Stagnation enthalpy

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In thermodynamics and fluid mechanics, the stagnation enthalpy of a fluid is the static enthalpy of the fluid at a stagnation point. The stagnation enthalpy is also called total enthalpy. At a point where the flow does not stagnate, it corresponds to the static enthalpy of the fluid at that point assuming it was brought to rest from velocity isentropically.[1] That means all the kinetic energy was converted to internal energy without losses and is added to the local static enthalpy. When the potential energy of the fluid is negligible, the mass-specific stagnation enthalpy represents the total energy of a flowing fluid stream per unit mass.[2]

Stagnation enthalpy, or total enthalpy, is the sum of the static enthalpy (associated with the temperature and static pressure at that point) plus the enthalpy associated with the dynamic pressure, or velocity. This can be expressed in a formula in various ways. Often it is expressed in specific quantities, where specific means mass-specific, to get an intensive quantity:

Static and stagnation states in a fluid.
Static and stagnation states in a fluid.

where:

mass-specific total enthalpy, in [J/kg]
mass-specific static enthalpy, in [J/kg]
fluid velocity at the point of interest, in [m/s]
mass-specific kinetic energy, in [J/kg]

The volume-specific version of this equation (in units of energy per volume, [J/m^3] is obtained by multiplying the equation with the fluid density :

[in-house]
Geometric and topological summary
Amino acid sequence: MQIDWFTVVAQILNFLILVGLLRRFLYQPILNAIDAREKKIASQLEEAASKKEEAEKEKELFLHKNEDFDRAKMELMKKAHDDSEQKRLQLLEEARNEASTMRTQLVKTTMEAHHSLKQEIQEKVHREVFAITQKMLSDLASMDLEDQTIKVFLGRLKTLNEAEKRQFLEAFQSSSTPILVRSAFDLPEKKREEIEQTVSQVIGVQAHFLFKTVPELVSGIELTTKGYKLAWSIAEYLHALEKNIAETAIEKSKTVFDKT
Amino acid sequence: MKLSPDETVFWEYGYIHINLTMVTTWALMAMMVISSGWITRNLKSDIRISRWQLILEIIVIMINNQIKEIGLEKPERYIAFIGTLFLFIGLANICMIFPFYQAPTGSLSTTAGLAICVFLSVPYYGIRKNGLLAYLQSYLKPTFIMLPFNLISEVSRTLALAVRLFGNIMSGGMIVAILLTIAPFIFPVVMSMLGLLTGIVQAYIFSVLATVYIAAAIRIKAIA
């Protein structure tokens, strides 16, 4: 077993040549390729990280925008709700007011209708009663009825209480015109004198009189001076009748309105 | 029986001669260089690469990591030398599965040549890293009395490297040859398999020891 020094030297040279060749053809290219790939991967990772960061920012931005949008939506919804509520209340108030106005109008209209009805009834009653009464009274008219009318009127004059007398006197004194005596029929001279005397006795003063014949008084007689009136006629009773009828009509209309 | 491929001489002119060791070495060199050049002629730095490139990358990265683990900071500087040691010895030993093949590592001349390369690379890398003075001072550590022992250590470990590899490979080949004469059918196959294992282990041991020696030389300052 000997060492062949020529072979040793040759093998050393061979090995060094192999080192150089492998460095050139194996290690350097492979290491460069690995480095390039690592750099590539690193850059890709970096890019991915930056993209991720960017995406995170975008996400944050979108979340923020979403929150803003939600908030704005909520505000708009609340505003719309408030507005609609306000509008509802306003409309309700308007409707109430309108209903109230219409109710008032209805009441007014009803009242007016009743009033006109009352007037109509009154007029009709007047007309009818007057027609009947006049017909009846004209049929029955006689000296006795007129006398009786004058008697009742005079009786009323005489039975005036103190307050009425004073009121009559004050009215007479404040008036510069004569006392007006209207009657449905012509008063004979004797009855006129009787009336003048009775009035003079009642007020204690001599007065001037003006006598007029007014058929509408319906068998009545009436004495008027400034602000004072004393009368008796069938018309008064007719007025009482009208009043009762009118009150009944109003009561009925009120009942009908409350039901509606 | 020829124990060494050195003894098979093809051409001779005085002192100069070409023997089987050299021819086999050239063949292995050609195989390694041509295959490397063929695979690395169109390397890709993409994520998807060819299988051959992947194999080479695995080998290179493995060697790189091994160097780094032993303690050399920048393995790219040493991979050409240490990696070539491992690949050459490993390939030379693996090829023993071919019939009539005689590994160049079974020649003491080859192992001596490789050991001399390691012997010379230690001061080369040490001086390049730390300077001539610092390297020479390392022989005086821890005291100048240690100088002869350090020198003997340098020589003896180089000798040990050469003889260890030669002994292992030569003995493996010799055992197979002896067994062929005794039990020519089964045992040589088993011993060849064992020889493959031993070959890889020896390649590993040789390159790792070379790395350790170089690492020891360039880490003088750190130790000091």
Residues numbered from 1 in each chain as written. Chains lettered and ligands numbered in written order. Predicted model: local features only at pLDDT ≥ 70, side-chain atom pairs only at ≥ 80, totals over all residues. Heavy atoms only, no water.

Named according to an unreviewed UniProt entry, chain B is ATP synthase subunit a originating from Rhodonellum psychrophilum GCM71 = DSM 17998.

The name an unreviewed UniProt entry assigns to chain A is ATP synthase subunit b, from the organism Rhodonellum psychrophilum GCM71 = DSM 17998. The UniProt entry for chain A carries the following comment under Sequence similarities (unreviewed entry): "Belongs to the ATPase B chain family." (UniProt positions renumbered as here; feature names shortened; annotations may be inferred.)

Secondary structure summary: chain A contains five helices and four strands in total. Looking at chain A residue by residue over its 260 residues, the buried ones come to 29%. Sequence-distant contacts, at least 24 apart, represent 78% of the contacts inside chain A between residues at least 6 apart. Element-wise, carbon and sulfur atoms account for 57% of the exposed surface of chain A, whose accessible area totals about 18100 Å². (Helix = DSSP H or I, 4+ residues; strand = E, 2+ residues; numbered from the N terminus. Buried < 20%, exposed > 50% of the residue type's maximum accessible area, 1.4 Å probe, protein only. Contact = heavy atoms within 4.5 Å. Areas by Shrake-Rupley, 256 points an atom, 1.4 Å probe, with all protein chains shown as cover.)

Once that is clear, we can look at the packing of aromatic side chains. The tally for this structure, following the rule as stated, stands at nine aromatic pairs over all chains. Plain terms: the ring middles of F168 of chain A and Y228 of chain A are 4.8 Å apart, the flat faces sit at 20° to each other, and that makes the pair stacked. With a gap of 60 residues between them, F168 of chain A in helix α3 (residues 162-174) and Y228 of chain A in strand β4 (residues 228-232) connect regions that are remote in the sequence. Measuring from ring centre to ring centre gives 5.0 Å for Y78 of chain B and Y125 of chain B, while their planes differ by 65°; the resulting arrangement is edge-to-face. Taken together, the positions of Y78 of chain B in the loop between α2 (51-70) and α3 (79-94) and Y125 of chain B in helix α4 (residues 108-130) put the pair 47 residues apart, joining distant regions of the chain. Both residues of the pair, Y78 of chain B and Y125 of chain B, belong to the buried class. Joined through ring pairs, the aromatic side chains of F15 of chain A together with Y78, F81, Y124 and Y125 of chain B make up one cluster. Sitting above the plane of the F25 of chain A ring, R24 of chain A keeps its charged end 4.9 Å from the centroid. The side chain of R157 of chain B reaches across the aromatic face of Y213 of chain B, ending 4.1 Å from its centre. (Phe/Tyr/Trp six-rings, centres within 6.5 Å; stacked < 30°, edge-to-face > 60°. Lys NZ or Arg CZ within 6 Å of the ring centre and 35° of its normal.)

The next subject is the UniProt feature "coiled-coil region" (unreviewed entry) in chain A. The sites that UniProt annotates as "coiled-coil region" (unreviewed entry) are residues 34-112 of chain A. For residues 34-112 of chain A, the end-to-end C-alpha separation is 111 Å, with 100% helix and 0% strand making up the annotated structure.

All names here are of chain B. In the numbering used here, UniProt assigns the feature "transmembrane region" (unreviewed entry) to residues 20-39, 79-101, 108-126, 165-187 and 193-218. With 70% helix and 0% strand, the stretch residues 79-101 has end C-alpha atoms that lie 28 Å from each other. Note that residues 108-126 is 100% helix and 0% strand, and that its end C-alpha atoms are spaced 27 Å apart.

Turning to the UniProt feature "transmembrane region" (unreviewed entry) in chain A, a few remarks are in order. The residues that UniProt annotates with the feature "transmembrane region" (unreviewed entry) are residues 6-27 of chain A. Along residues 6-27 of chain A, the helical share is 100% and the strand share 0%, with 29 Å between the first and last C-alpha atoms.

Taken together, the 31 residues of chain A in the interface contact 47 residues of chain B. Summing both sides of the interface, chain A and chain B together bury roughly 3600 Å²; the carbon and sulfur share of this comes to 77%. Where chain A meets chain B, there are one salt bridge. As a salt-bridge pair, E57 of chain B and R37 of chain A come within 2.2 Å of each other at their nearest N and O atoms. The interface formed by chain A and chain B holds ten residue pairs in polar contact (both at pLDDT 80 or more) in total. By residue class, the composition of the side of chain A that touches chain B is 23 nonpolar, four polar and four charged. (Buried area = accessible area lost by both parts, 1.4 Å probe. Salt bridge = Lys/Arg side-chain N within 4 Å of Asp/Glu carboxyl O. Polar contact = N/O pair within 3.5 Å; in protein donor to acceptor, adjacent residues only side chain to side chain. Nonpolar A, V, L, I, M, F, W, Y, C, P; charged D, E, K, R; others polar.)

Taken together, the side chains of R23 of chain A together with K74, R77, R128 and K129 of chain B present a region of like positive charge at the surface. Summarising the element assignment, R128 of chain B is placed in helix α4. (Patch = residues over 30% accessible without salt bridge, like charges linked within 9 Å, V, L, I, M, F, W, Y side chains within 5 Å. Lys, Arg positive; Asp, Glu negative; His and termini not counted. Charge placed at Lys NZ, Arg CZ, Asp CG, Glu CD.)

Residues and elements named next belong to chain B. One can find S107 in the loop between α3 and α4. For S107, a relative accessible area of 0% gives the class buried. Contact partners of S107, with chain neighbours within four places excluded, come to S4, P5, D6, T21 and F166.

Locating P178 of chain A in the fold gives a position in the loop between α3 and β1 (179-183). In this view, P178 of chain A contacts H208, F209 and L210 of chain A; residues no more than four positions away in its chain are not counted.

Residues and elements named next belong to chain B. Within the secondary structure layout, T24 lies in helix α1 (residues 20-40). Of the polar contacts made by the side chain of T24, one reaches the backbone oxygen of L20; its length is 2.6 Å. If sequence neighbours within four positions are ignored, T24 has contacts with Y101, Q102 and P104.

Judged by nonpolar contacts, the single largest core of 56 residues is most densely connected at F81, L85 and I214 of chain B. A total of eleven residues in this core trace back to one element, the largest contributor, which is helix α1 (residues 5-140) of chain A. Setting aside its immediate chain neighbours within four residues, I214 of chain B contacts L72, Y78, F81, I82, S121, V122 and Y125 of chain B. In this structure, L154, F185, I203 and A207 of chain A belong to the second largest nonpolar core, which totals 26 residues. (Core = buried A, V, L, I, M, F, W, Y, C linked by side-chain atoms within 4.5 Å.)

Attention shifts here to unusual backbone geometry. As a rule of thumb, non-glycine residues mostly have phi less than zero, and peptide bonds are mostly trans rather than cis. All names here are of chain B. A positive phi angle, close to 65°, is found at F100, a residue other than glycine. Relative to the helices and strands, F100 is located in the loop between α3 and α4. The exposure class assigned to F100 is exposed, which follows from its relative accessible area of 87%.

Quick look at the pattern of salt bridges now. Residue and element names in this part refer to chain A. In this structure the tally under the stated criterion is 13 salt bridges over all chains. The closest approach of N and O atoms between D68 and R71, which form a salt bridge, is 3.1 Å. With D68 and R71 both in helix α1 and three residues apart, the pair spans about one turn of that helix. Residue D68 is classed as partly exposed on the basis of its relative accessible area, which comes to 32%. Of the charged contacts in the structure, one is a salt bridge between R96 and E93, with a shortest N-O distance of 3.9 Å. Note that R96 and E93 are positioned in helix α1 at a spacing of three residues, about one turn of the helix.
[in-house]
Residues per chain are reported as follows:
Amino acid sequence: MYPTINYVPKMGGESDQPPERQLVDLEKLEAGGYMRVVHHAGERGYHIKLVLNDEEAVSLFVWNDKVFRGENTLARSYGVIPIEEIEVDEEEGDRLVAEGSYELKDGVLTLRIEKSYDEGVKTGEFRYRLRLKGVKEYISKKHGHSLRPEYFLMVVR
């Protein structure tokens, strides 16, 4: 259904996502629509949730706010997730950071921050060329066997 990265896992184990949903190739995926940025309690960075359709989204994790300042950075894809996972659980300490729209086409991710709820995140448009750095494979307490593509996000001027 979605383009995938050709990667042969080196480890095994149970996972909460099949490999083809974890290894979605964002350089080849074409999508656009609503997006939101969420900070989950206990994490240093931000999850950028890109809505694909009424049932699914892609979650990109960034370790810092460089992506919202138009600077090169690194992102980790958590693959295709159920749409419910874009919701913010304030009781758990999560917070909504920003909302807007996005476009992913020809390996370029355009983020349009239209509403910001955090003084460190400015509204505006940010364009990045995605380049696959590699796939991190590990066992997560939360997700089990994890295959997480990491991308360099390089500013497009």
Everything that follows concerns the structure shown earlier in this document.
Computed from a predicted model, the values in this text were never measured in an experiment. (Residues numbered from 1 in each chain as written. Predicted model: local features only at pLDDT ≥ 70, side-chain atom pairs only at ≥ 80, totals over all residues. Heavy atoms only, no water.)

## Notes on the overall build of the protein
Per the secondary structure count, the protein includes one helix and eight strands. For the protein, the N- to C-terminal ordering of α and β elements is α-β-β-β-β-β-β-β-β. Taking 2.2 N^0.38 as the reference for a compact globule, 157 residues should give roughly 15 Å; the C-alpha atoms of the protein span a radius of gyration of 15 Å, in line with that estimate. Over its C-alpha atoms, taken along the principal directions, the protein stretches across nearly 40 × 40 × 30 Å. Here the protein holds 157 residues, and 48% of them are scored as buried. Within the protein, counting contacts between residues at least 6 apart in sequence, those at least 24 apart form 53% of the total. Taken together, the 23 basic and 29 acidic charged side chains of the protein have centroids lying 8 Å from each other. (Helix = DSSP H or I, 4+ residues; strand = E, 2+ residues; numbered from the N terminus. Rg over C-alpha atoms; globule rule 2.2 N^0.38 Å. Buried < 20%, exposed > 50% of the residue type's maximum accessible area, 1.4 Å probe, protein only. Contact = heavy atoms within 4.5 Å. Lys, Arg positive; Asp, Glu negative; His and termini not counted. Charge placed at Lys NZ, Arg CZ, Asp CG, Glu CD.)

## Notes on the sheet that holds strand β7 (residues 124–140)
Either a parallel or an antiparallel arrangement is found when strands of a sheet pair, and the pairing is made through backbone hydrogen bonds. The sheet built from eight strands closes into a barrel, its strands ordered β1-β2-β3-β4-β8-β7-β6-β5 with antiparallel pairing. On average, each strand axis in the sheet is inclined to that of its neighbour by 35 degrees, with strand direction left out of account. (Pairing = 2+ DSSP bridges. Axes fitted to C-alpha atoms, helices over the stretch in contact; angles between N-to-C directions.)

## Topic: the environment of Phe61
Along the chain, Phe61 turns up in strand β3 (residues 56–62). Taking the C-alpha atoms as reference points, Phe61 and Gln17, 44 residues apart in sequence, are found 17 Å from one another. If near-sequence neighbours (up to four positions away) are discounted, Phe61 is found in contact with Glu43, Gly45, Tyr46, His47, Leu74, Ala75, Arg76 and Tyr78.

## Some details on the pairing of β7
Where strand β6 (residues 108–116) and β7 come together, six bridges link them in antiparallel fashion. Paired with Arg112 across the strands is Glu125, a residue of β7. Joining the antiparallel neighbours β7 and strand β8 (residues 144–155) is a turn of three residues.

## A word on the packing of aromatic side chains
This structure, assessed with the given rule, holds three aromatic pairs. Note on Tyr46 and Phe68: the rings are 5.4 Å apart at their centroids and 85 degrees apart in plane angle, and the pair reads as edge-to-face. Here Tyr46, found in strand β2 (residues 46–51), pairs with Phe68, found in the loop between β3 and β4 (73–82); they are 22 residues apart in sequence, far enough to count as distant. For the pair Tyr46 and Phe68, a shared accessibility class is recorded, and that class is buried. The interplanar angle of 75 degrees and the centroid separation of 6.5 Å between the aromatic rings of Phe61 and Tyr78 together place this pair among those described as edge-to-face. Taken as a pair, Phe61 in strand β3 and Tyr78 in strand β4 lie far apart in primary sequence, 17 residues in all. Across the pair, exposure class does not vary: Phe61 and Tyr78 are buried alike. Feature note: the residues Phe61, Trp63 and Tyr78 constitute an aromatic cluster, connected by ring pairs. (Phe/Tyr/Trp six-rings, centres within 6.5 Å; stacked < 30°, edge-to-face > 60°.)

where:

volume-specific total enthalpy, in [J/m^3]
volume-specific static enthalpy, in [J/m^3]
fluid velocity at the point of interest, in [m/s]
fluid density at the point of interest, in [kg/m^3]
volume-specific kinetic energy, in [J/kg]

The non-specific version of this equation, that means extensive quantities are used, is:

where:

total enthalpy, in [J]
static enthalpy, in [J]
fluid mass, in [kg]
fluid velocity at the point of interest, in [m/s]
kinetic energy, in [J]

The suffix ‘0’ usually denotes the stagnation condition and is used as such here.[1][3]

Enthalpy is the energy associated with the temperature plus the energy associated with the pressure. The stagnation enthalpy adds a term associated with the kinetic energy of the fluid mass.[2]

The total enthalpy for a real or ideal gas does not change across a shock. The total enthalpy can not be measured directly. Instead, the static enthalpy and the fluid velocity can be measured. Static enthalpy is often used in the energy equation for a fluid.

See also[edit]

References[edit]

  1. ^ a b Van Wylen, G.J. and Sonntag, R.E. (1976) Fundamentals of Classical Thermodynamics, section 14.1 (SI Version 2e), John Wiley & Sons, Inc., New York
  2. ^ a b Çengel, Yunus A. (7 January 2014). Thermodynamics : an engineering approach. Boles, Michael A. (Eighth ed.). New York. ISBN 978-0-07-339817-4. OCLC 869741544.
  3. ^ Moran, Michael J. (December 2010). Fundamentals of engineering thermodynamics. Shapiro, Howard N., Boettner, Daisie D., Bailey, Margaret B. (7th ed.). [Hoboken, N.J.?]. ISBN 978-0-470-91768-8. OCLC 694944253.

External links[edit]

http://ocw.mit.edu/ans7870/16/16.unified/thermoF03/chapter_6.htm